A Few Good Words

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I got a different push to get me to attend the upcoming Medal Ball. It seems like they see some value in having more experienced students attend events like this. There are newer students doing a check out for the first time and the feeling was that having a few words of support from a more experienced student has value.

Lots to unpack around that thought.

As I’ve said before, most of us come to ballroom when we are older and more established in some type of career. It can be tough to go back to a stage where you are learning something from scratch. Plus, ballroom is so different from what a lot of us do that there are all those awkward moments when you really don’t feel like you know what you are doing. Not a great feeling.

The instructors are always quick with the positive feedback and there are times when it can be hard to accept. When the feedback doesn’t align with your feelings, then you can start to believe it isn’t real. After all, the instructor wants to keep you in the studio and spending your money so they aren’t going to tell you that you suck. Right?

Well they are going to tell you what you need to do to get better and that can also be hard to hear at times. There’s a certain amount of vulnerability in learning something like ballroom dancing. You have to put yourself out there to be critiqued and judged even when you know that there is so much you don’t know. Plus, for most of us, the feedback is coming from someone younger and that just adds a whole other layer to it.

Is it better to hear it from another student? I would guess that depends on the person. Would my words carry a little more weight just because I’ve been doing this for so long? I’m not totally sure that they would. I guess there could be some value in it although you soon learn that dance studios are full of supportive people so if you were prone to being cynical, you might be able to reject all positive feedback.

It is strange that you can end up trapped in two different modes of self-sabotage. Getting so crushed by “negative” feedback (which is really just more of a suggestion for improvement) that you don’t feel like going on. But rejecting or minimizing positive feedback because it doesn’t align with your own internal perceptions of your dancing. And, yes, I’ve done both things. Neither is good.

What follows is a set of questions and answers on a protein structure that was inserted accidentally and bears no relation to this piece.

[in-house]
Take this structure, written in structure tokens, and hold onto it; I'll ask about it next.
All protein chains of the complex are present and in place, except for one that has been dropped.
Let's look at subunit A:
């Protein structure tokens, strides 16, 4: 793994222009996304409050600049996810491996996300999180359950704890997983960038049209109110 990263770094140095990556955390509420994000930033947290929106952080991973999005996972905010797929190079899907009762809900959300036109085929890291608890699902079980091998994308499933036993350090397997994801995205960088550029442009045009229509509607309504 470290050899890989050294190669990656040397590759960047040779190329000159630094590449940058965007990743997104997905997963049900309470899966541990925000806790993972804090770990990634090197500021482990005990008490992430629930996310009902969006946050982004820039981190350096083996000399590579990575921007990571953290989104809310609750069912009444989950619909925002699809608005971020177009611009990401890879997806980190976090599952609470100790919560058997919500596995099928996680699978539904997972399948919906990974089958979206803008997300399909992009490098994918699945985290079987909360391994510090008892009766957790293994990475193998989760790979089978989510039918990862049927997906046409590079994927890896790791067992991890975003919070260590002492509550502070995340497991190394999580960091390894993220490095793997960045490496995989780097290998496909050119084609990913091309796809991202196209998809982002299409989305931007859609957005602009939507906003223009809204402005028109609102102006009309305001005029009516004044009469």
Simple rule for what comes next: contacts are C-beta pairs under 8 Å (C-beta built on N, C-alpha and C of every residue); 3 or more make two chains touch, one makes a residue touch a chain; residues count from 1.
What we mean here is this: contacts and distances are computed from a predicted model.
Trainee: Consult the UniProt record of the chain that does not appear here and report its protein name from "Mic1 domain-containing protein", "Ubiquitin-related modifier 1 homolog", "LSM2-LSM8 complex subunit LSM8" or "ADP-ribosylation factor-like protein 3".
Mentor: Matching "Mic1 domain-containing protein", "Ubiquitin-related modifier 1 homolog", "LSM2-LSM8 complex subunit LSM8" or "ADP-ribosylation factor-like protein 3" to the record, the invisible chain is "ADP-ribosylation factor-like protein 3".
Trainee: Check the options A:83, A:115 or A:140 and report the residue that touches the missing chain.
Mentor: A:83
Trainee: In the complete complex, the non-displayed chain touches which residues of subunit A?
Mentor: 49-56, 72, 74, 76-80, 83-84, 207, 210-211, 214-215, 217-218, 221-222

It is most common to see students doubt themselves and so many will be quick to point out their flaws when you try to give them a compliment. Been there myself. It is kind of a defense mechanism where you put the negative stuff out there first so maybe it softens the blow coming from someone else. But it totally sabotages you because you then only focus on what went wrong in an activity where perfection isn’t possible. It blinds you to what you did well. And it also is just a bit disrespectful to the person offering the feedback. I mean if I tell someone I thought something was good and I get a laundry list of all the things they thought sucked, then I’m going to think twice before offering any more positivity.

Getting crushed by feedback might be a little tougher to accept. Ballroom is going to require you to check your ego at the door. You are going to screw up and you are going to be told how to fix things. As the first couple of quotes suggested, you have to learn to accept the feedback for what it is.

The space you have to get to is where you can acknowledge your skills and abilities but still understand there is always something that could be improved. Nothing wrong with taking a critical look at what you did but only if the focus is on isolating what didn’t feel as good and could be a possible area for improvement. Now, I’m not saying I’m there but I know I’m much closer to that then when I started.

Problem is that you can’t force someone to walk down that path. We all have to get to a point where we recognize the self sabotage and actively work to avoid it.

And it brings up one of my main issues with assuming my words might make a difference and the following quote summarizes it.

So I could go and offer up some kind words but if someone isn’t open or receptive, the words will just bounce off them and drop to the floor. Is there any value to them?

Well that’s not really the right question. There certainly could be value in them. I’ve certainly been in situations where a few kind words or positive praise made someone feel important and valued. As usual, I’m probably overthinking this.

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